Friday, July 5, 2013

20 Feet From Stardom

Review by Pamela Zoslov

Morgan Neville's enthralling documentary 20 FEET FROM STARDOM could be seen as a companion piece to the 2002 STANDING IN THE SHADOWS OF MOTOWN. Both films tell the stories of the largely unheralded supporting players in pop music: STANDING IN THE SHADOWS profiled the Funk Brothers, the backing band for Motown's biggest hits, and 20 FEET shines a spotlight on the talented background singers whose contributions have immeasurably enhanced pop and rock hits for decades.

You may not know their names, but you certainly know their voices – strong, powerful, sublimely harmonizing voices, often honed in the church and deployed to magical effect by record producers like Phil Spector and Lou Adler in the 1960s and later adopted by rock musicians like Mick Jagger, David Bowie, Joe Cocker and Sting, who adulated the singers' musicianship, and the incredible showmanship of groups like Ike Turner's Ikettes.

The film profiles the marvelous Darlene Love, whose sextet, The Blossoms, started out singing spirituals and was tapped by Phil Spector to sing “He's a Rebel.” That's 18-year-old Darlene singing lead, but the record was credited to Spector's girl group, The Crystals. “We did a lot of ghosting,” Darlene says. The Blossoms were paid only modest session fees. The Blossoms also sang on the Crystals' “Da Doo Ron Ron,” the Ronettes' “Be My Baby” and the Righteous Brothers' “You've Lost That Lovin' Feelin'.”

A theme of exploitation runs through this history. I initially thought the use of African-American background singers by English rock groups smacked of colonialism; after seeing this film, I realized it was the American record producers who misused them.“Spector kept her in a box,” says one of the movie's speakers, an eerie statement reverberant with the anecdote in which convicted killer Spector, while married to Ronnie Spector, kept a coffin in his house and threatened to put her in it.

Love's powerful voice was heard on records by Sam Cooke, Dionne Warwick, the Beach Boys, Elvis and Johnny Rivers. She recorded songs under her own name, notably “Christmas (Baby Please Come Home),” but like most of the background singers who try to launch solo careers, she didn't become a star. Later years found her cleaning houses to make ends meet before she heard her Christmas song on the radio at a house she was cleaning. She realized who she was, launched a comeback, and in 2010 was inducted in the Rock and Roll Hall of Fame, recognized as the greatest session and background singer of all time.

Another singer profiled in the film is Merry Clayton, the incredible soul and gospel singer most famous for her vocals on the Stones' “Gimme Shelter.” She talks about the recording session, for which she was roused from her bed in the middle of the night. She recalls her shocked reaction to Jaggers' stark, apocalyptic lyrics. “Rape, murder?” Her response was to sing the hell out of it. What would that song be without Clayton's devastating descant? (She later recorded her own version of the song.) She also describes how she brought a defiant racial pride to the background vocals for Lynyrd Skynyrd's “Sweet Home Alabama.” The footage of Skynyrd's stage show, with a chorus line of high-stepping girls in red, white and blue hot pants, does make you wonder about the muddled message of Ronnie Van Zandt's anthem. Jagger speaks eloquently about Clayton and the other talented singers, like gorgeous Claudia Lennear — said to be the inspiration for “Brown Sugar” — who have had starring roles in his music. Without their contributions, Jagger says, it would just be him and Keith singing – a far less interesting thing. Bruce Springsteen, Sting and Stevie Wonder, who have made abundant use of background singers, also talk about their invaluable contributions.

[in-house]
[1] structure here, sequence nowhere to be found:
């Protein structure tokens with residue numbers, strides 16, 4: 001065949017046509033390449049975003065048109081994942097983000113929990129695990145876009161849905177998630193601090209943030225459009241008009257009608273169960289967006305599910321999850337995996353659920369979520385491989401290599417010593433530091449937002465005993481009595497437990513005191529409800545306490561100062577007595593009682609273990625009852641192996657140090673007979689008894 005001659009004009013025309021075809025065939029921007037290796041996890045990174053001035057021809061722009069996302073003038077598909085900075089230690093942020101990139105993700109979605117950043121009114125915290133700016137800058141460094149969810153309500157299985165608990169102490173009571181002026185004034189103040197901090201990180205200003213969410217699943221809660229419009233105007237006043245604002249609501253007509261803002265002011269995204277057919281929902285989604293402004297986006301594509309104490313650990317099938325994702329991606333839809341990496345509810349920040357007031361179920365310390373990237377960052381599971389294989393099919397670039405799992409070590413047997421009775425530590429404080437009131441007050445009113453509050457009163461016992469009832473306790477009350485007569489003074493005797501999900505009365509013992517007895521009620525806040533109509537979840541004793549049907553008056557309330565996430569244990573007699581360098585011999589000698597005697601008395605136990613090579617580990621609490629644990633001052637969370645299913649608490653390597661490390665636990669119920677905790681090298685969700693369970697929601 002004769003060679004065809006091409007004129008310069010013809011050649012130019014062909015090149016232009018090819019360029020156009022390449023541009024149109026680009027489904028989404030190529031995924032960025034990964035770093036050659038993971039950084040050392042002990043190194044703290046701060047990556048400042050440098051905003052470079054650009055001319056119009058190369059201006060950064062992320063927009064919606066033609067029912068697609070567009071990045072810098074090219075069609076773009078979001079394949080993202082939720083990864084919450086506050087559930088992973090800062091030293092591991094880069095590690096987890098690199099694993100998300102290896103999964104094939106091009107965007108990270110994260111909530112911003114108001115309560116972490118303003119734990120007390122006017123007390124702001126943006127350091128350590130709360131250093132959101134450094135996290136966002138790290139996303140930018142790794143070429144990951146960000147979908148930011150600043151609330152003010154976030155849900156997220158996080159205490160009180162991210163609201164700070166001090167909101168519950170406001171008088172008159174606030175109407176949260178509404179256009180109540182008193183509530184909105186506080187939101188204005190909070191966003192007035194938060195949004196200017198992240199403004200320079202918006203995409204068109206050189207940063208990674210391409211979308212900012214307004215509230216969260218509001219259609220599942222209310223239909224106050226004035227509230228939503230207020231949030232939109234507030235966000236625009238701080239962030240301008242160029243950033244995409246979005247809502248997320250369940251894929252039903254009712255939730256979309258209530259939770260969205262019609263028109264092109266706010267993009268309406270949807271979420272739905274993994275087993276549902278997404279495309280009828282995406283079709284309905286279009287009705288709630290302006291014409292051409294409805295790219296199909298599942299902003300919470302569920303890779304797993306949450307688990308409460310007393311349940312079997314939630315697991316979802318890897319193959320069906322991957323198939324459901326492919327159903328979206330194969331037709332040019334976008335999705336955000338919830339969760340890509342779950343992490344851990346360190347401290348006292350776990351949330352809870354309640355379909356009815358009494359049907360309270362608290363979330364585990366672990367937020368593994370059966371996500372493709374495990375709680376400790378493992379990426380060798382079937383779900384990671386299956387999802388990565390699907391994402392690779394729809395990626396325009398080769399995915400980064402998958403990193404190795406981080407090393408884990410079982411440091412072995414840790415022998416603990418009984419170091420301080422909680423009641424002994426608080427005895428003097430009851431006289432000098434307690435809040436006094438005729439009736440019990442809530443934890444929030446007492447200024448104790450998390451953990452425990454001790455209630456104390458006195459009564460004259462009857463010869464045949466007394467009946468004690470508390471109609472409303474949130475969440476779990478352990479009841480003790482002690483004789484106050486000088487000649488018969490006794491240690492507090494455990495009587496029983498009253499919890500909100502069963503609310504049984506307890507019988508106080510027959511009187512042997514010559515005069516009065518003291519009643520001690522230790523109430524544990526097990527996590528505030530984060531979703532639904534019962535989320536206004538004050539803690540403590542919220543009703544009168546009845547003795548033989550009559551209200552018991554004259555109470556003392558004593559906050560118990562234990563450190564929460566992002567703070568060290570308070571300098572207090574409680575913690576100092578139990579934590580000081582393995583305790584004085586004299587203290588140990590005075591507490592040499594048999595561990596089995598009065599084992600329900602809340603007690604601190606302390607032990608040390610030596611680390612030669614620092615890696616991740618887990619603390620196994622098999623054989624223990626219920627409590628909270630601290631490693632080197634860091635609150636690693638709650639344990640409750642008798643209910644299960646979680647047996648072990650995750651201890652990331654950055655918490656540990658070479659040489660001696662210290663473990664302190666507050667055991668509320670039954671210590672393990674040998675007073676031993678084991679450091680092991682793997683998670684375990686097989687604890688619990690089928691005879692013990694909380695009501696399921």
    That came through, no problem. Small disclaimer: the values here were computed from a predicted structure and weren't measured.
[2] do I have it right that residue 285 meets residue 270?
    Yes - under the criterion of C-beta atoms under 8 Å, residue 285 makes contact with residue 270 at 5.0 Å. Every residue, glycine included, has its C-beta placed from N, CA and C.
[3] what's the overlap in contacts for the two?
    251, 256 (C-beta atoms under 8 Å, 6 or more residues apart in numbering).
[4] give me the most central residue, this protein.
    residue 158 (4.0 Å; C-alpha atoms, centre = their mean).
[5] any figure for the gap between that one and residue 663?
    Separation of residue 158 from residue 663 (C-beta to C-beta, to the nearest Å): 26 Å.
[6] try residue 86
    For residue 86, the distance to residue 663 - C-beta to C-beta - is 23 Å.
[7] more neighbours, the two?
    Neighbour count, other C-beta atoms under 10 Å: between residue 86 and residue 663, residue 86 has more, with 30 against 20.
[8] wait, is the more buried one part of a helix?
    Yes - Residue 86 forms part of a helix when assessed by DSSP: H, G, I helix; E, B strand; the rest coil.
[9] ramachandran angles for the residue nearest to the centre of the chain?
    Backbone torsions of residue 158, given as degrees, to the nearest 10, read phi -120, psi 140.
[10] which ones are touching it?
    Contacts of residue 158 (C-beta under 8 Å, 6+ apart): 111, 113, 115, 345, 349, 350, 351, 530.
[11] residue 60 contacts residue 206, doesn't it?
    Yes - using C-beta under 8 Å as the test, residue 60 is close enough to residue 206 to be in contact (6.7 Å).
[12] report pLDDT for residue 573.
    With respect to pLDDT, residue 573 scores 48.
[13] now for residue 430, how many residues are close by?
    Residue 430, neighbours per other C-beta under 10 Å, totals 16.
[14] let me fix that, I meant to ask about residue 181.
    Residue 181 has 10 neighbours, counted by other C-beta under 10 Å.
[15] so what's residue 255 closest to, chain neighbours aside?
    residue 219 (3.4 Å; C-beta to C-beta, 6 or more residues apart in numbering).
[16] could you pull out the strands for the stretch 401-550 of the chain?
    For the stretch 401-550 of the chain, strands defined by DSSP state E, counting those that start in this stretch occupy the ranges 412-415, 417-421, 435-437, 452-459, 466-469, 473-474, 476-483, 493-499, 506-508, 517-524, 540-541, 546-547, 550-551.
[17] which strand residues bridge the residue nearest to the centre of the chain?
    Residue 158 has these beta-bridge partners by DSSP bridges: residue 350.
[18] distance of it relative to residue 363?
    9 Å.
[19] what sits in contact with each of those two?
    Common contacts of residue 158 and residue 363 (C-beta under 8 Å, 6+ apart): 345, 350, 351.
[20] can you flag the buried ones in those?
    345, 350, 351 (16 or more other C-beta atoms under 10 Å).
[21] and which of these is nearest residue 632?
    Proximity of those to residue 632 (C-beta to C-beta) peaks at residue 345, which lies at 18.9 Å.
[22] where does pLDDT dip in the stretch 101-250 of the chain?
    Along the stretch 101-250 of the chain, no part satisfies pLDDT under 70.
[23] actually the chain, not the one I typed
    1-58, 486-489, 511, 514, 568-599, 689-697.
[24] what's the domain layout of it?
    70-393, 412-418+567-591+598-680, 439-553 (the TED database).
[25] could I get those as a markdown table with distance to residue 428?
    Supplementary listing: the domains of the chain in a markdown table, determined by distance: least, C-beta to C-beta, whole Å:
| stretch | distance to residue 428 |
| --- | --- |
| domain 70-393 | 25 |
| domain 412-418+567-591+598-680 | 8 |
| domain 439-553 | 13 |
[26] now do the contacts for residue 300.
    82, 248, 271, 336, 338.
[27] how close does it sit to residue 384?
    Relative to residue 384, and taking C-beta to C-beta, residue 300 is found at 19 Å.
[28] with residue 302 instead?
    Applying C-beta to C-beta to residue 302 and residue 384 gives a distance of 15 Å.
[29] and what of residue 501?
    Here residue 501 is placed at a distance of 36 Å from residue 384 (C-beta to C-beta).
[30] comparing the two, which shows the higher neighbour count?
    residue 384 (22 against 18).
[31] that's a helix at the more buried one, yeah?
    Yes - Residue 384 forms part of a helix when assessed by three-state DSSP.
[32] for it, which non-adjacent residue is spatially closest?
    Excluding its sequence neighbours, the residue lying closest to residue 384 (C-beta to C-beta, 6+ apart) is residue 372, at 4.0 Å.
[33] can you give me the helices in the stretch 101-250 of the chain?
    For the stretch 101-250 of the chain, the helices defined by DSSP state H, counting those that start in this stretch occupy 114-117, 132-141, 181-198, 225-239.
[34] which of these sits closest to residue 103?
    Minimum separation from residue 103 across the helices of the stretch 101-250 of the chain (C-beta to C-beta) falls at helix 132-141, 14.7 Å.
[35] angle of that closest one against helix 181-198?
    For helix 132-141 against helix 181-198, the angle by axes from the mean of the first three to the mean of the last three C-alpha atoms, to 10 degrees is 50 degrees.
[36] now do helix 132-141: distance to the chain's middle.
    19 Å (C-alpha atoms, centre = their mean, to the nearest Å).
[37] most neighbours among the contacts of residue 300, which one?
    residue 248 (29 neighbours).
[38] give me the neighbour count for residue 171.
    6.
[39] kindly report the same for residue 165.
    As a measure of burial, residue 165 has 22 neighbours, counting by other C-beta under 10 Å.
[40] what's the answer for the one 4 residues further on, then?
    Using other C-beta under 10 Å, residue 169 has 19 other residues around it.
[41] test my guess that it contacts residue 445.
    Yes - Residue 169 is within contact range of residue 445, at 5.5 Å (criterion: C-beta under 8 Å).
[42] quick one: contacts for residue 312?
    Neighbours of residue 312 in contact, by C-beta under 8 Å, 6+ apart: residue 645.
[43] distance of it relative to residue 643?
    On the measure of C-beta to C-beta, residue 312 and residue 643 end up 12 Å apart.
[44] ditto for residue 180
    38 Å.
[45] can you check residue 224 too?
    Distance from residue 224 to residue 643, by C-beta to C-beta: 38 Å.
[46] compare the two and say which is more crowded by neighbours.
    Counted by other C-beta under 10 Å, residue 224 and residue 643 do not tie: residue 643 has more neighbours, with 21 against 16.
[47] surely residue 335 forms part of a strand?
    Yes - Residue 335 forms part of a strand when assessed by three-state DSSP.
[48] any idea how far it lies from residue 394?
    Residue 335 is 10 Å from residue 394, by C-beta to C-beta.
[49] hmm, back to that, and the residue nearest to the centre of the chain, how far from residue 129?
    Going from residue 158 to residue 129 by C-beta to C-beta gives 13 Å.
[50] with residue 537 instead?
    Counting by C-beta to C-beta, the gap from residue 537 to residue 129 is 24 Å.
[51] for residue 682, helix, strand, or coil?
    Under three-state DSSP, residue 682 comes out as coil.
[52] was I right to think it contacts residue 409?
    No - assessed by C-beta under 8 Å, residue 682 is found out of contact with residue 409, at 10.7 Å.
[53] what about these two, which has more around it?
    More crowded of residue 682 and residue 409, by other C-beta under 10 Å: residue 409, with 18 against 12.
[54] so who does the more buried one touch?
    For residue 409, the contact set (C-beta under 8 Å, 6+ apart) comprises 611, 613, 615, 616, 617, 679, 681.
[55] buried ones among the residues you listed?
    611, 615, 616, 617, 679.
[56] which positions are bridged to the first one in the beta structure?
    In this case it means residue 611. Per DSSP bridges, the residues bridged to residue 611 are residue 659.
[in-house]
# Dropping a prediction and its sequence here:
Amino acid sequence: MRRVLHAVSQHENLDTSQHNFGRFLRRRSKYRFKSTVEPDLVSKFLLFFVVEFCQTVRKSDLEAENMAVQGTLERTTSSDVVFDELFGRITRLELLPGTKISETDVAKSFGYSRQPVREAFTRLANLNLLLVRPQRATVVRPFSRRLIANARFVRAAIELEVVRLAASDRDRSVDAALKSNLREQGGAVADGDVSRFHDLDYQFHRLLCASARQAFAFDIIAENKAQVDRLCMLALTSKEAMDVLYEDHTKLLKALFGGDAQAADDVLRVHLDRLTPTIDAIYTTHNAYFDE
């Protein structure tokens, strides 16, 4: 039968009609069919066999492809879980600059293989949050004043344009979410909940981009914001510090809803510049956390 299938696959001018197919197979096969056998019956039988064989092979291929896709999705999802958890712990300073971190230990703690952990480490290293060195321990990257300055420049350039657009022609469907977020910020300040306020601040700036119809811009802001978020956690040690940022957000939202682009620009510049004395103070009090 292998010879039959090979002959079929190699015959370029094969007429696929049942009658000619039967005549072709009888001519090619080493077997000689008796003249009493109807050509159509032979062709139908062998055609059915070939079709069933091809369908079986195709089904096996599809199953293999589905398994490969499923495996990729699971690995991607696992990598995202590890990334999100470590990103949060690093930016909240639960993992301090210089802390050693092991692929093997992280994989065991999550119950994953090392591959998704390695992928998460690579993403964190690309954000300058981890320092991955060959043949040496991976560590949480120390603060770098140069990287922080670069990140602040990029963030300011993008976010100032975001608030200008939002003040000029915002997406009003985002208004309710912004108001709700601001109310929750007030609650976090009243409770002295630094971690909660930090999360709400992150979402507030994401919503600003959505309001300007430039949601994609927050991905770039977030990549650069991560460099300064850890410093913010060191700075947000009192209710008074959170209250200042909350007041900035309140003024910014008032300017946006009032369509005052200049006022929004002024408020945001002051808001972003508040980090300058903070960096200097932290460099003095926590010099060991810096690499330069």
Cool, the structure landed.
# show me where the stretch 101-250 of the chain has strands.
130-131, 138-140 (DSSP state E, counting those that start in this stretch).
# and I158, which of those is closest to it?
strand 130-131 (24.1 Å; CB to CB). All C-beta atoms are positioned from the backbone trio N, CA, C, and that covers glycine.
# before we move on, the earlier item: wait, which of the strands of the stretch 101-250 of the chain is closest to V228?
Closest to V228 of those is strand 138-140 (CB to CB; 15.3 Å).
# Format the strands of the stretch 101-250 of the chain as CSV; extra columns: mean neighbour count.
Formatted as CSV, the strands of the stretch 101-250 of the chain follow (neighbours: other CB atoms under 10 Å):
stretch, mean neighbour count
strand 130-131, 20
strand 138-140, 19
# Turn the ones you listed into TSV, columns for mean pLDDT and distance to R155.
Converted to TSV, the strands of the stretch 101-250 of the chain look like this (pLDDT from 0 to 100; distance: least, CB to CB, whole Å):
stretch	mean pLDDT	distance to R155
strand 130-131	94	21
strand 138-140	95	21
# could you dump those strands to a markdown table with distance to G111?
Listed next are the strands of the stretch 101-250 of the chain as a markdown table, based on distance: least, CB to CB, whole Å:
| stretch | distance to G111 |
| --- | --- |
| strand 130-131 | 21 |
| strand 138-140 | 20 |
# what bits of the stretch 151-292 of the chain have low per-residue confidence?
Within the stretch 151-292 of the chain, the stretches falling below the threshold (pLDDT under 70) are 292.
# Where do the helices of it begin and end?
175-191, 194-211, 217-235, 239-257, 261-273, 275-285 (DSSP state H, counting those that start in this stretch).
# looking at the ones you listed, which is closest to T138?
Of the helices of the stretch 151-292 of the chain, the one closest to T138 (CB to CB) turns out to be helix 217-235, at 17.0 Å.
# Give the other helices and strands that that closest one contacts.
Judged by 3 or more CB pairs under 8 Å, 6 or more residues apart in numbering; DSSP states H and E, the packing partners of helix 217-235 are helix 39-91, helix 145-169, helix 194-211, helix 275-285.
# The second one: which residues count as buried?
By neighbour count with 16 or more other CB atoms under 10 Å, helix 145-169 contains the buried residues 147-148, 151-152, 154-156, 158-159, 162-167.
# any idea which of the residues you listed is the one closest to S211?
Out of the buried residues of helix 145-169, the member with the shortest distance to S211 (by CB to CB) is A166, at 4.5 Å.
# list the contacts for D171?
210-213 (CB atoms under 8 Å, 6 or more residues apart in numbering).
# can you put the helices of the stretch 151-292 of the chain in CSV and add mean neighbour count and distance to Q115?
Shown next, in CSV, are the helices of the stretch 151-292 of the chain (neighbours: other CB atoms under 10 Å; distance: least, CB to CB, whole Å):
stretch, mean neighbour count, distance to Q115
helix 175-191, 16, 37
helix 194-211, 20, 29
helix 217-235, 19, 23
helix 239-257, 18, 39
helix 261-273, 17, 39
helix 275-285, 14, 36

Clayton, too, tried to have a solo career, releasing three good records produced by the brilliant Lou Adler, but for some reason they didn't take off. That, the film points out, has more to do with the vagaries of the music business than with talent. There was no place for a female soul-and-gospel singer, because “there's only one Aretha.” Sting says, “It's not about talent. It's about circumstance, luck and destiny.” Lennear, unable to sustain a music career, now teaches Spanish, but hopes to return to music someday.

The background singers are motivated by music, not by fame. The supporting qualities that make them good at background singing don't always lend themselves to solo careers, which require a huge amount of ego and self-promotion. Says rock historian Warren Zanes, “The blend is transformative. Some people want to stay there.” Says Springsteen, “It can be a pretty long walk” from background singer to solo star. 

The film not only tells these singers' stories, but also captures the spiritual quality of music, the peak experience of joyously using your god-given talents. Look at the Waters Family, a joyful clan whose voices have enhanced Michael Jackson's Thriller and movies like THE LION KING and AVATAR. And Mable John, a blues singer who was a Ray Charles Raelette and had a distinguished solo career. She left secular music in 1973 and returned to her gospel roots. Now 82, Dr. Mable John sings her heart out in the church: “He has made me glad....”
This movie made me glad. 4 out of 4 stars.

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